It was dark and I was driving carefully, unlike the demolition derby driver I impersonate when the sun is shining. As I pulled in to the Firewater parking lot, I had to unexpectedly yield to an older man riding his scooter across the parking lot in order to go through the drive-through. His face was one of determination. I laughed because I imagined that he had traveled far in order to get his liquor of choice.
By way of preface, Firewater is a strange little liquor store away from any residential area. A liquor store is a place where one can purchase, among other things, alcoholic beverages. Alcohol is one of those chemicals, when taken in moderation, which will drastically improve your ability to cope with everyone else but conversely will worsen almost every encounter you engage in with another living person, all the while blinding you to your own debilitating lack of judgment. A drive-through is a window at a liquor store in which all parties legally pretend that the person purchasing said liquor doesn’t have more than a 50% chance of imbibing on the way to whatever destination awaits him. (This paragraph will never be used in a Budweiser commercial.)
As I waited at the register to pay for my poison, the elderly gentleman on the scooter was outside, looking inside at the impatient manager, trying to find change to reach his quota in order to get his bottle of flavored vodka. The manager’s face told me the unspoken story of just how many times the man on the scooter had bottlenecked the drive-through like this. It seemed to be a foregone conclusion that there was going to be insufficient change to pay for the bottle he had requested. I motioned for the man in charge to look in my direction and offered to pay for the bottle. He told the clerk helping me to add ninety-three cents to my total. I pointed out that I offered to pay for the entire bottle, not just the difference in change.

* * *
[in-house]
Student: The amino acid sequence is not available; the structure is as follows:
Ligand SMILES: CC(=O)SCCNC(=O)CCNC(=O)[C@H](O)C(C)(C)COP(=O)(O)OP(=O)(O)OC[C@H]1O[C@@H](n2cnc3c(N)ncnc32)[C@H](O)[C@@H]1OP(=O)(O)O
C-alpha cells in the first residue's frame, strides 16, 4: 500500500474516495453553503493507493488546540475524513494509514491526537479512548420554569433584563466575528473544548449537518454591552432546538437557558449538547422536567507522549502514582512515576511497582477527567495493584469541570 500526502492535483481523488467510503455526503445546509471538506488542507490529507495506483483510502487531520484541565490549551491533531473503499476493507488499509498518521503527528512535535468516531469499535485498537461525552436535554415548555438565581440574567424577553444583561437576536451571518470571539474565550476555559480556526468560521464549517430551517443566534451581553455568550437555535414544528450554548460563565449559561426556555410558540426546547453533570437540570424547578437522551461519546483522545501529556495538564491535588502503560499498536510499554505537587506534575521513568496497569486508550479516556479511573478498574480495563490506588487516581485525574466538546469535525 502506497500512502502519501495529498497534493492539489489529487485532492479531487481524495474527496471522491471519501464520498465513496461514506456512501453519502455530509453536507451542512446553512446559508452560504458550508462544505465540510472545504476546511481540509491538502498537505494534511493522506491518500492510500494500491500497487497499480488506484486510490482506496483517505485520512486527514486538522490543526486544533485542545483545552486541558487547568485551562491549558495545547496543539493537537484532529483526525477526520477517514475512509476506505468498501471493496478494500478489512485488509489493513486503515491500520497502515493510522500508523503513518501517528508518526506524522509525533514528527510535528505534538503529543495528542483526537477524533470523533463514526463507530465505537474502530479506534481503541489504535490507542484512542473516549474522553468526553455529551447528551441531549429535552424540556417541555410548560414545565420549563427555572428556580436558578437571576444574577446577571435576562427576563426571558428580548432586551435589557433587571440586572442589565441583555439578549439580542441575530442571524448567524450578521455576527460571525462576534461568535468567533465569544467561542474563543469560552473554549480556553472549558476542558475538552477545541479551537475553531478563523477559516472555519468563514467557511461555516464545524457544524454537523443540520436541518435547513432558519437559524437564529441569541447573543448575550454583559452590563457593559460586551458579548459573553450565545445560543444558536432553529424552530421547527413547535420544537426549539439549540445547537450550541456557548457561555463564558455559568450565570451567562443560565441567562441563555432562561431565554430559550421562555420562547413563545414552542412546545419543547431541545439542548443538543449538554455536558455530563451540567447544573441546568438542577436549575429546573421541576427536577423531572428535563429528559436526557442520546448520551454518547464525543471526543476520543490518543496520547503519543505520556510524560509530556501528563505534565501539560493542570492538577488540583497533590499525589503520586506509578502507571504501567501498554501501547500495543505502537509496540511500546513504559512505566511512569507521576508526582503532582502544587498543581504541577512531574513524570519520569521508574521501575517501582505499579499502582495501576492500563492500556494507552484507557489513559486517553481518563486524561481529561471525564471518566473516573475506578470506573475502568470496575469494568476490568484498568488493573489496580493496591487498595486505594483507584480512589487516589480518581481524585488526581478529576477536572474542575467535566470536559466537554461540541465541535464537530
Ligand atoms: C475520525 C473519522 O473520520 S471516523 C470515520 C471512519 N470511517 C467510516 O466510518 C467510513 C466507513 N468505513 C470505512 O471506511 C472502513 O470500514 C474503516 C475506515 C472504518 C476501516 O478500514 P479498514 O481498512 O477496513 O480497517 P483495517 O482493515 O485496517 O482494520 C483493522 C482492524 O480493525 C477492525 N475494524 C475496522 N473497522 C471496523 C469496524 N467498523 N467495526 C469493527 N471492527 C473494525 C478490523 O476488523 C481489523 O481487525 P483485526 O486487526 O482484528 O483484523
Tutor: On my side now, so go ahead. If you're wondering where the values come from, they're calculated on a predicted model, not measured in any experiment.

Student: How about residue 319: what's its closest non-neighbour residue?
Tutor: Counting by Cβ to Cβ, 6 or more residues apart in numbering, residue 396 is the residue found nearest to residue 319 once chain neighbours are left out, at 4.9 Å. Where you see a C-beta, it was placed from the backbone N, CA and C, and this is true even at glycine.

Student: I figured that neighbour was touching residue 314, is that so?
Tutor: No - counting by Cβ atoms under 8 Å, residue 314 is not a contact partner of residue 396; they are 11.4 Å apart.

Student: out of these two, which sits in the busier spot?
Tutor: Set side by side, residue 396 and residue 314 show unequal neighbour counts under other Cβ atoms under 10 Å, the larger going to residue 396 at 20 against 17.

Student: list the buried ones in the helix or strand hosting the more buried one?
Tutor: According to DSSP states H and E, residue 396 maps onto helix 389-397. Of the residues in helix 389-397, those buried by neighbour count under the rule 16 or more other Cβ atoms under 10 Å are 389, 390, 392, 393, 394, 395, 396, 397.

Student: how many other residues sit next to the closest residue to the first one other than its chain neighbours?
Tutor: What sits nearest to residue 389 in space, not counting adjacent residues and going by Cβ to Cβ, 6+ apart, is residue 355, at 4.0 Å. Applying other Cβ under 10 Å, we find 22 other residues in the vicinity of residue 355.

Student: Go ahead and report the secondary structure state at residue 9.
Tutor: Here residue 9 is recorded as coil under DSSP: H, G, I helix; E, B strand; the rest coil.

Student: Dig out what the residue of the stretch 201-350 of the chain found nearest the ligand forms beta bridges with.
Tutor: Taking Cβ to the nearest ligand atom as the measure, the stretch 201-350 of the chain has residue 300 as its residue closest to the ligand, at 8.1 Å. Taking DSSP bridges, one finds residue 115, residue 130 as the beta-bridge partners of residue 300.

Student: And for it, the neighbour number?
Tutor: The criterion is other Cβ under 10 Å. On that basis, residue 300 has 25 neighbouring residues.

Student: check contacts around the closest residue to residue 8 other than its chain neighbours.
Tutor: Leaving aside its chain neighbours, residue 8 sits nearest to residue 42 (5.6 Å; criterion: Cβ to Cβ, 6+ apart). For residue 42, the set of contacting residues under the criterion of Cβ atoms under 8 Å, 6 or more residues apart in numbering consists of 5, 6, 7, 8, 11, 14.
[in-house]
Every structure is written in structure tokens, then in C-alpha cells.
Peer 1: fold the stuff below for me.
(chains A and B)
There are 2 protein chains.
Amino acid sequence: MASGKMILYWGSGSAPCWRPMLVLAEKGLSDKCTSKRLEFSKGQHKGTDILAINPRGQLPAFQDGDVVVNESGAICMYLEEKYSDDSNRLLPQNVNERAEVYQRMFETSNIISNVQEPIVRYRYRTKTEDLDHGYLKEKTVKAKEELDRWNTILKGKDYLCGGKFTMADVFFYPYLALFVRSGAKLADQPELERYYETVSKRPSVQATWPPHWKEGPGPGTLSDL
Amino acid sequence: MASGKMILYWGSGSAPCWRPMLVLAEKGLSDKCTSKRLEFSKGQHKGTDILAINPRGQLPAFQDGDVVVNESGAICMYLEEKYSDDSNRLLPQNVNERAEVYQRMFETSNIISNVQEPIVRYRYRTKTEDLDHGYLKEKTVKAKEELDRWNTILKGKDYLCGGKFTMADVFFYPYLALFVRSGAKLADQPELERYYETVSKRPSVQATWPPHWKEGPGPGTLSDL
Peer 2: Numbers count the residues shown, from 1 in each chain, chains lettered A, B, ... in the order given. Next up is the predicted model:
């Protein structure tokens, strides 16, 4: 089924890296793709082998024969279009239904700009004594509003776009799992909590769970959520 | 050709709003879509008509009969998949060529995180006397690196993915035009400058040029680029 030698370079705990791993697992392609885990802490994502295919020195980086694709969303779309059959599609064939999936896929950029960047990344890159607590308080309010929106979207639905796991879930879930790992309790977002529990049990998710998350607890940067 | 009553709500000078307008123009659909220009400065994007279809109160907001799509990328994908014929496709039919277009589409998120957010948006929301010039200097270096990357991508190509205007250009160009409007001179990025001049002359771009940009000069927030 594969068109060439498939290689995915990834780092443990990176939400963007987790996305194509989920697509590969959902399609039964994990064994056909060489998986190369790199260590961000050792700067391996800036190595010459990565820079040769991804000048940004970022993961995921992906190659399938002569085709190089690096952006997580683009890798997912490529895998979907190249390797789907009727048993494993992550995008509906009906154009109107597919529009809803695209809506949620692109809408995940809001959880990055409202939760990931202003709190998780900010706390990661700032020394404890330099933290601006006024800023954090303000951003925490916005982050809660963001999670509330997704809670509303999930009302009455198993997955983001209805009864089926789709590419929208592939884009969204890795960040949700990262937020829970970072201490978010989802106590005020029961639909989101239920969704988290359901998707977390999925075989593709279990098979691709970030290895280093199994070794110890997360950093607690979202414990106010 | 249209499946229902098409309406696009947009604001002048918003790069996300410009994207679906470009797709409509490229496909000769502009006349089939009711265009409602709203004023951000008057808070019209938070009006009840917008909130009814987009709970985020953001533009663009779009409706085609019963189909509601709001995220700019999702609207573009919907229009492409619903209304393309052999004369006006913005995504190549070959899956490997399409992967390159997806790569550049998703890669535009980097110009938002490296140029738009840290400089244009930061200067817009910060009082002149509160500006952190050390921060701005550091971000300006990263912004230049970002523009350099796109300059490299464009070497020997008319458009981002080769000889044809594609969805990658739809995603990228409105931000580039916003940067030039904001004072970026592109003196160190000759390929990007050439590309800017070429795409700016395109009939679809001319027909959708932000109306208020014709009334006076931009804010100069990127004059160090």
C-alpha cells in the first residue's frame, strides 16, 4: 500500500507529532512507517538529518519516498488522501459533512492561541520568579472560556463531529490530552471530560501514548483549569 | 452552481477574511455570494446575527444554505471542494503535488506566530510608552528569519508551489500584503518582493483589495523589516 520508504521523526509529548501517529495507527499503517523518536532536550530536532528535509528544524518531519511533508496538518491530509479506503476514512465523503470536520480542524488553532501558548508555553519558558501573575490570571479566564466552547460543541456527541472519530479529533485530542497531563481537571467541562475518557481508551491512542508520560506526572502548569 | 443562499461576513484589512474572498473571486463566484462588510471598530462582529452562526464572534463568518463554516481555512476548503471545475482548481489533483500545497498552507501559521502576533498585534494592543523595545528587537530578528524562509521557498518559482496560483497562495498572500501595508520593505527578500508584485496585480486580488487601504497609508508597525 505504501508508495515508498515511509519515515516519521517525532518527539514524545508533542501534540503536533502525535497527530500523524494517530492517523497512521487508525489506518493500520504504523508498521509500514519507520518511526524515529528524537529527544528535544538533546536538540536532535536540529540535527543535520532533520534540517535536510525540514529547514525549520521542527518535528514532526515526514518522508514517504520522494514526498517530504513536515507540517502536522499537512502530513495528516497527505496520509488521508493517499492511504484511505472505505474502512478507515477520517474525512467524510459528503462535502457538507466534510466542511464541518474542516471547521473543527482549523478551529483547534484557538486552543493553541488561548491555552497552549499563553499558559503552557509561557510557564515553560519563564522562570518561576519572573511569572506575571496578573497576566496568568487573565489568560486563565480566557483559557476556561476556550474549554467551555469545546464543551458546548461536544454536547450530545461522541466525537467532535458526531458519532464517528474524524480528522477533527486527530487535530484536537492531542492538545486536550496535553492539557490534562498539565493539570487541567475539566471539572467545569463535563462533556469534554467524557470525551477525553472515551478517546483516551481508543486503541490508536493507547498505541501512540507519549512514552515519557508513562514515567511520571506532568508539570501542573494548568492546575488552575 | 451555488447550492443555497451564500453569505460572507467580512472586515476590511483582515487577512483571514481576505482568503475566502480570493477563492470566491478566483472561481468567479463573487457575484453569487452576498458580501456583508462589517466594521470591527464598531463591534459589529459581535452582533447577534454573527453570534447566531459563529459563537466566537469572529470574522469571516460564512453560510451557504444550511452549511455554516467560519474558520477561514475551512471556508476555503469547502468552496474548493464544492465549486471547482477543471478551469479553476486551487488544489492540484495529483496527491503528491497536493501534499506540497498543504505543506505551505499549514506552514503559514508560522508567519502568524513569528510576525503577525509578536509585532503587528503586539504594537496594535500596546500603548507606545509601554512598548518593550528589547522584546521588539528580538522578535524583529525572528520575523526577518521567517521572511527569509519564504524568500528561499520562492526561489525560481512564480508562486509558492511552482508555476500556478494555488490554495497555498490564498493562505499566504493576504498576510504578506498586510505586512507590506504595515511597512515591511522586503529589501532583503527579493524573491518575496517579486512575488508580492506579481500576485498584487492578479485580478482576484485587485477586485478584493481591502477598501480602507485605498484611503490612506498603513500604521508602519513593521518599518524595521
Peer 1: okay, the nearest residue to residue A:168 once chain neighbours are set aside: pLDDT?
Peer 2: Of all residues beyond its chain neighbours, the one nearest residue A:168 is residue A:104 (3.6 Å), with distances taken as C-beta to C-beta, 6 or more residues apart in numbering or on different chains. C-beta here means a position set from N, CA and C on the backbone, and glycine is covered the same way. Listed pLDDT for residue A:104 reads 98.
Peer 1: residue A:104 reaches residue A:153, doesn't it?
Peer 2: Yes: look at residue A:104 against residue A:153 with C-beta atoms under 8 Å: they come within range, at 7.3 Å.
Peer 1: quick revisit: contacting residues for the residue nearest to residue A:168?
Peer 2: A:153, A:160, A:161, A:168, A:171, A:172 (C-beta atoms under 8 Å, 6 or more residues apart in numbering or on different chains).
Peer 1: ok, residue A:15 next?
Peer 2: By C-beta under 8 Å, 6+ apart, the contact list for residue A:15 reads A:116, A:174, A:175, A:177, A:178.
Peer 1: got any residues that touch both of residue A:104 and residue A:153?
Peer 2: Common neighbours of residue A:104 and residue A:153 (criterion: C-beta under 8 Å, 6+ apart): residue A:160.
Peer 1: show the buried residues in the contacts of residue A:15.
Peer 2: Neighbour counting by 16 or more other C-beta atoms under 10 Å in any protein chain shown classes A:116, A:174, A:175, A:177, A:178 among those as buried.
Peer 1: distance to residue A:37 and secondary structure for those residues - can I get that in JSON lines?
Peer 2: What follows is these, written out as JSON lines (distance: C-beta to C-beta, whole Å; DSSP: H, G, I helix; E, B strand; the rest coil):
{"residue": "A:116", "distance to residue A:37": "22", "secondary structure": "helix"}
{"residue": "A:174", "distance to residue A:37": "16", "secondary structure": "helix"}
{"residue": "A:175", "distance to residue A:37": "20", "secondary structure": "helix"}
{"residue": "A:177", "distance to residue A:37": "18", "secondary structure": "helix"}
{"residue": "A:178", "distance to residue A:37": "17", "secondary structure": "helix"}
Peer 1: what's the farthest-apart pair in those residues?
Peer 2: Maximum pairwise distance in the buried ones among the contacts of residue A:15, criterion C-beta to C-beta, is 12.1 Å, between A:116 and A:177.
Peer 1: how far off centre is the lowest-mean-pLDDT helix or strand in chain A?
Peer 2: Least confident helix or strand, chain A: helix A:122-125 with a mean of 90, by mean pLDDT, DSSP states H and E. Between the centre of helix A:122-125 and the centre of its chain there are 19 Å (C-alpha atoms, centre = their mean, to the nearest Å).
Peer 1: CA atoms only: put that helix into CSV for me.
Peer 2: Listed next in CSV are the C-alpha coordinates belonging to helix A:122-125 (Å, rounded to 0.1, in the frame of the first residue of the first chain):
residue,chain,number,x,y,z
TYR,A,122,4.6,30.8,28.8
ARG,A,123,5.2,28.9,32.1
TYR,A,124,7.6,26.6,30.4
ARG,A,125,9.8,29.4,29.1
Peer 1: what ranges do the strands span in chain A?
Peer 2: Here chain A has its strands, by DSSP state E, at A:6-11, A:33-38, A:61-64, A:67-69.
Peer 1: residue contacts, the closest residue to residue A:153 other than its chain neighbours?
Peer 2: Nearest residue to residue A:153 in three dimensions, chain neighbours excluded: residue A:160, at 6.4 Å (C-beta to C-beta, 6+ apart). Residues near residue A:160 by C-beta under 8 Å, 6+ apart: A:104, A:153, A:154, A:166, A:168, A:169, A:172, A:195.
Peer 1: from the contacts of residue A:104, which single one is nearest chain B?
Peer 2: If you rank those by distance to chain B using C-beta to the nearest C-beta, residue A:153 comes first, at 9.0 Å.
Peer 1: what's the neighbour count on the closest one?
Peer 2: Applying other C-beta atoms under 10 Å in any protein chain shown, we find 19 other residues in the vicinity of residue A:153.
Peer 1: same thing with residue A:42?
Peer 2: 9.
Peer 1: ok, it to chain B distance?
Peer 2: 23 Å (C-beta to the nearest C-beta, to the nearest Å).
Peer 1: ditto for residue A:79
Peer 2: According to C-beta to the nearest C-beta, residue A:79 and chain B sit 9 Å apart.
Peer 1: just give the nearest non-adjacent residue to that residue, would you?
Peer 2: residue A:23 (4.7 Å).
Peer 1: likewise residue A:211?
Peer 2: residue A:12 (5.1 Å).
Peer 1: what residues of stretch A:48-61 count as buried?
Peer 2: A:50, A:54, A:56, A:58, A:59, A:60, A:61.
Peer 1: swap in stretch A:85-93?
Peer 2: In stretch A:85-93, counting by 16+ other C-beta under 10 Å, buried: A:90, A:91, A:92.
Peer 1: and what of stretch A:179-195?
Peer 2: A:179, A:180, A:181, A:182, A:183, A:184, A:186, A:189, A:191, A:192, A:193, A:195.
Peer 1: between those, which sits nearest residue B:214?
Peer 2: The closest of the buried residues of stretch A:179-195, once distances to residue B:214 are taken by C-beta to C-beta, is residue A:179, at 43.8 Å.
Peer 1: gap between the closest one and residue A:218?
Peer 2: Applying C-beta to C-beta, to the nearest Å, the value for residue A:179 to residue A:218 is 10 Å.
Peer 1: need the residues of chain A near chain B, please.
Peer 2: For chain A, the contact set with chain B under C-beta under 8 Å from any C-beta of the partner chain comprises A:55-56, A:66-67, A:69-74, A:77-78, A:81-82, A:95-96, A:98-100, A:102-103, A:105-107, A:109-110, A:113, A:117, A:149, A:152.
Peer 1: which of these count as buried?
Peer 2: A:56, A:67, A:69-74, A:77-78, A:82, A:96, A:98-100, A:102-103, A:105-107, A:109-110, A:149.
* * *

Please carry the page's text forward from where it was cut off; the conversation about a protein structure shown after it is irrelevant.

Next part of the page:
“Wow, that’s a nice offer. How do you know him? He’s a regular.” The clerk seemed to be asking out of curiosity rather than politeness.
“I’ve never met him. I almost ran him over, coming in as he drove his scooter across the street and into the parking lot. But I’ve known many, many people like him.”
“Well, he’s a character, that one.” The clerk laughed.
The manager at the drive-through window told the man on the scooter that I had paid the difference.
The old man froze and looked inside to see who I was. “Well, thanks, Mister.” He nodded his head in acknowledgment.
“Pay it forward,” I said, and smiled.
“I’ll most certainly drink it forward,” he quipped and cackled like someone who had just discovered a free pizza on his kitchen table, after already being handed a 6-pack of his favorite beer.
I nodded back and the clerk and I looked at each quizzically for a long second and then we both laughed, too. We had taken an awkward situation and made it one of frivolous merriment.
“Hey, you know what?” The clerk asked. “IF you want to pay for a bottle, I’ll give you an extra discount and hold it for the man on the scooter for next time. It will give him such a kick in the pants to be given a surprise.”
“As long as YOU don’t drink it forward, yeah, that will be great. And do me a favor when he comes in. Ask him how fast he can go on that scooter.”
“Will do. Have a great night out there, sir.”
So, on some future night, if you see an elderly black man riding his scooter, restraining an impressive smile on his face, you can think of me. Vodka can power a few smiles, for a little while.
May we all drink it forward as we pass through our respective places.